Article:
pcb solder

Role of Solder & Paste Masks in PCBs

Role of Solder & Paste Masks in PCBs

For improving the quality of soldering on printed circuit boards (PCBs), the electronic industry uses two types of masks—solder and paste masks. As the names are very similar, it is easy for newcomers to the industry to be confused about the usefulness and functioning of the two. In reality, the industry uses the two essential masks for entirely different purposes. In this article, Rush PCB explains their individual functioning, and the advantages of using them.

Solder Mask for PCBs

As the name implies, the solder mask creates the soldermask on the PCB, allowing soldering on selected areas of a PCB, while masking the others. Most commonly, the soldermask appears on the PCB as a green layer on its two outer surfaces. The green layer covers most of the PCB surface, except for copper pads that will accept component leads for soldering. Therefore, if a copper trace or pad is under the green soldermask, it will not be possible to make solder adhere to it.

Copper traces and pads on a PCB, if left uncovered, readily tarnish when they encounter air. The tarnish is due to the formation of copper oxide, a compound that does not conduct electricity, and does not allow soldering. Moreover, the presence of Sulphur in air causes the formation of copper sulphate, a corrosive substance. The net result, for a PCB with exposed copper on it, is a degradation of its quality when stored for some time.

To get over this problem, Rush PCB takes recourse to two processes. The first is to cover those parts of the PCB that will not undergo soldering with a green soldermask, and the other, to apply surface treatment to the exposed copper. The two processes ensure no copper surface on the PCB encounters air, while making it is easier to solder components on the PCB during assembly. With a soldermask present and surface treatment on the PCB, Rush PCB ensures the possibility of storing bare boards for a longer time, without any damage, until it is time to assemble them.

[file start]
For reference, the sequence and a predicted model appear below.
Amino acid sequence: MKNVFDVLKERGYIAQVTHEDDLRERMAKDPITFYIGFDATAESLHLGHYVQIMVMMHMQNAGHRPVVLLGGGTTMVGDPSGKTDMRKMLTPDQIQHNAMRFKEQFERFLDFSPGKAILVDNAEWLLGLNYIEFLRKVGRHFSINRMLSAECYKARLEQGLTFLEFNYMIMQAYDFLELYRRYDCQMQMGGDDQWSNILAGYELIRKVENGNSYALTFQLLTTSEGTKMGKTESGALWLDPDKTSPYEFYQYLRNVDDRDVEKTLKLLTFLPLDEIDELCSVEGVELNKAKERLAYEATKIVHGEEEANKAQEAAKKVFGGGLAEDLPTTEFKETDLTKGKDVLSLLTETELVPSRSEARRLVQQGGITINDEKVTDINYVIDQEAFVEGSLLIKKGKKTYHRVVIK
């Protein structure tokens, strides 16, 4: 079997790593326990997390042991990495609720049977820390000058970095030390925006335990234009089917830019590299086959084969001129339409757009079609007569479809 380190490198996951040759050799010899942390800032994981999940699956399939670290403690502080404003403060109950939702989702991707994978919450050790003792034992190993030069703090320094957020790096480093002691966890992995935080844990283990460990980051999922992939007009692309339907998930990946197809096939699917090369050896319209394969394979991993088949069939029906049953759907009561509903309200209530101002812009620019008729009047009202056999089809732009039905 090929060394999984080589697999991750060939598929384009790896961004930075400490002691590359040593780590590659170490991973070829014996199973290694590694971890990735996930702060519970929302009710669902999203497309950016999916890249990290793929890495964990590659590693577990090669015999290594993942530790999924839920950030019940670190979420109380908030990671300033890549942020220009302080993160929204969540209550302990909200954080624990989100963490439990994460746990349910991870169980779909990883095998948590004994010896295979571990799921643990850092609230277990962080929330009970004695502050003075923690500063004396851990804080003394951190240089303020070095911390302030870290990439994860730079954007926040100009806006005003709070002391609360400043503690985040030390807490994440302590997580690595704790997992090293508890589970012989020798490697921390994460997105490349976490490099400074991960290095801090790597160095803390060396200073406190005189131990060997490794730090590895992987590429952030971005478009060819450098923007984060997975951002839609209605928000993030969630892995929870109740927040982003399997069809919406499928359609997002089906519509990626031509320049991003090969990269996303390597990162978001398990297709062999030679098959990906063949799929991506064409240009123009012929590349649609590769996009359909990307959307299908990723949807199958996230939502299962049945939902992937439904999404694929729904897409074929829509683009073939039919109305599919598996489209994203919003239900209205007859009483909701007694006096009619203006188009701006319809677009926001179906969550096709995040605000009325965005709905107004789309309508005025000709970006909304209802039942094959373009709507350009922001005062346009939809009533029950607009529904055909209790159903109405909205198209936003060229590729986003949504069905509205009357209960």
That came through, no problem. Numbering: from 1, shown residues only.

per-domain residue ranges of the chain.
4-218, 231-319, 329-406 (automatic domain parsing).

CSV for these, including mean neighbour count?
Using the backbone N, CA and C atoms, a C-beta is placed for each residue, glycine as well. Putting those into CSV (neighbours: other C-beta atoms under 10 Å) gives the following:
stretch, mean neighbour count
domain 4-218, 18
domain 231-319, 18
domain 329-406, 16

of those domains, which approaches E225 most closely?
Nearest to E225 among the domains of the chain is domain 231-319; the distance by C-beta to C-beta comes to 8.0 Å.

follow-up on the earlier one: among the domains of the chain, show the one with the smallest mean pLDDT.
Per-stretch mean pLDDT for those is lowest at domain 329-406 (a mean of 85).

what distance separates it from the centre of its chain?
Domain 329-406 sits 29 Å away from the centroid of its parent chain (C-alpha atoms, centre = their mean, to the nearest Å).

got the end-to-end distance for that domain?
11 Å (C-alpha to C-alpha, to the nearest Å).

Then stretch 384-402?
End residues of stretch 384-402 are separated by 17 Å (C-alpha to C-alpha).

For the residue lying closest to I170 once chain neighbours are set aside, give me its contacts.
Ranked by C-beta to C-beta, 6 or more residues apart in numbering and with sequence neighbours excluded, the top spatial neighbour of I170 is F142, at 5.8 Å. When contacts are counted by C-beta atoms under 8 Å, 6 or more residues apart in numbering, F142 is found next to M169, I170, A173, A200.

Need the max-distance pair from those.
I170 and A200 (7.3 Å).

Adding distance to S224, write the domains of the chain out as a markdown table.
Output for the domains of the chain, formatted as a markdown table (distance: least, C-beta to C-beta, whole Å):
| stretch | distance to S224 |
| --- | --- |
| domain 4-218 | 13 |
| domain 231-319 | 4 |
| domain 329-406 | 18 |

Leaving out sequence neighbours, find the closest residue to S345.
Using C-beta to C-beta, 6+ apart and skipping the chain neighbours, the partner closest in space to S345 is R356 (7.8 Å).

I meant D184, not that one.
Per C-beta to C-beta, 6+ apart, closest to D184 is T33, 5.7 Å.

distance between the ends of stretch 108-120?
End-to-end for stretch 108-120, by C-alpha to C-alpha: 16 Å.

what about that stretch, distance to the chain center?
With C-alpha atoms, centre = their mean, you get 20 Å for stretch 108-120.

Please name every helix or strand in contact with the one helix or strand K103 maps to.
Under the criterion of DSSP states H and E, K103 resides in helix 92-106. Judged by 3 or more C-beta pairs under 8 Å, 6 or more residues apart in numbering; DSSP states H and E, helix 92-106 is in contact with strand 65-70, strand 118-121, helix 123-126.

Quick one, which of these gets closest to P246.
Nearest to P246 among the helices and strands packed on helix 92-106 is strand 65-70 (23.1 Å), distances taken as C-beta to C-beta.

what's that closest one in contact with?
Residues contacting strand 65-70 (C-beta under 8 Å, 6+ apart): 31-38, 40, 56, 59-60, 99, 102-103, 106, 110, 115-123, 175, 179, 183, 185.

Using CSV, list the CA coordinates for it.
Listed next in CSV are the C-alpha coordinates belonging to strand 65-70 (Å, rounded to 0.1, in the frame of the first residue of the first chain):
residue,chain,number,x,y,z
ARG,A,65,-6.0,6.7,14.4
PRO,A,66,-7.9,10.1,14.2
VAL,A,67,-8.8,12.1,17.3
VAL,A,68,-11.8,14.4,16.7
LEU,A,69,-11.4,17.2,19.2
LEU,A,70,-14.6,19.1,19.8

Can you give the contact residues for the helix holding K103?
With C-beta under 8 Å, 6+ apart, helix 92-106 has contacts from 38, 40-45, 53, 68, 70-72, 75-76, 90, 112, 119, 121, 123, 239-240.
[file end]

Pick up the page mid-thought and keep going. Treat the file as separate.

The common implement to apply the green soldermask on a PCB is the solder mask. The actual mask is a negative or complement of the green soldermask, and therefore, covers all the copper areas that will undergo soldering. When applying, the green color penetrates the open areas of the mask, and deposits on the PCB, covering the areas the mask exposes.

Paste Mask for PCBs

This mask or stencil is applicable to the use of solder paste, controlling the amount of paste the assembler dispenses to each solder pad on a PCB. Applying the proper amount of solder paste using a paste mask is an important process during assembly, since the presence of excess solder paste may cause solder to overflow, thereby creating shorts during reflow soldering, while inadequate solder paste may create dry soldering on some components.

Rush PCB prefers making paste masks or stencils of stainless steel, although it is possible to make them with other materials as well. For accuracy, the openings in the stencil must be laser cut and the surface finished with chemical etching. This creates a smooth inner surface in the openings, allowing for a smooth deposition and no sticking of paste on the stencil walls.

The thickness of the paste mask determines the volume of solder paste the process deposits on the copper pads. For dense PCBs, it is essential to have a thin stencil to adequately control the amount of solder paste deposition. For good quality of soldering, it is essential to accurately register the stencil on the PCB.

Advantages of Solder Mask and Paste Mask

Rush PCB uses both solder and paste masks on PCBs to ensure the quality of soldering. We need the solder mask while fabricating the board, and use the paste mask while assembling it. Both are indispensable for ensuring high quality. For instance, in HDI boards, we use the solder mask to create soldermask dams in between closely spaced pads, thereby preventing molten solder from overflowing and bridging neighboring pads during reflow soldering.

For PCBs using fine-pitch components, such as BGAs and gull-wing ICs, the pitch between neighboring pads may not be enough to allow placing a soldermask dam. For such PCBs, Rush PCB recommends using soldermask defined pads. While the pads are of a larger dimension, a smaller soldermask opening defines the opening for the solder paste.

Designing a paste mask or a stencil is an involved subject, and eminent PCB manufacturers such as Rush PCB have evolved their own special techniques for fabricating them.

Please consult Rush PCB with your design today, and get expert advice on the type of solder and paste masks necessary. Visit our website, or give us a call for a free quote.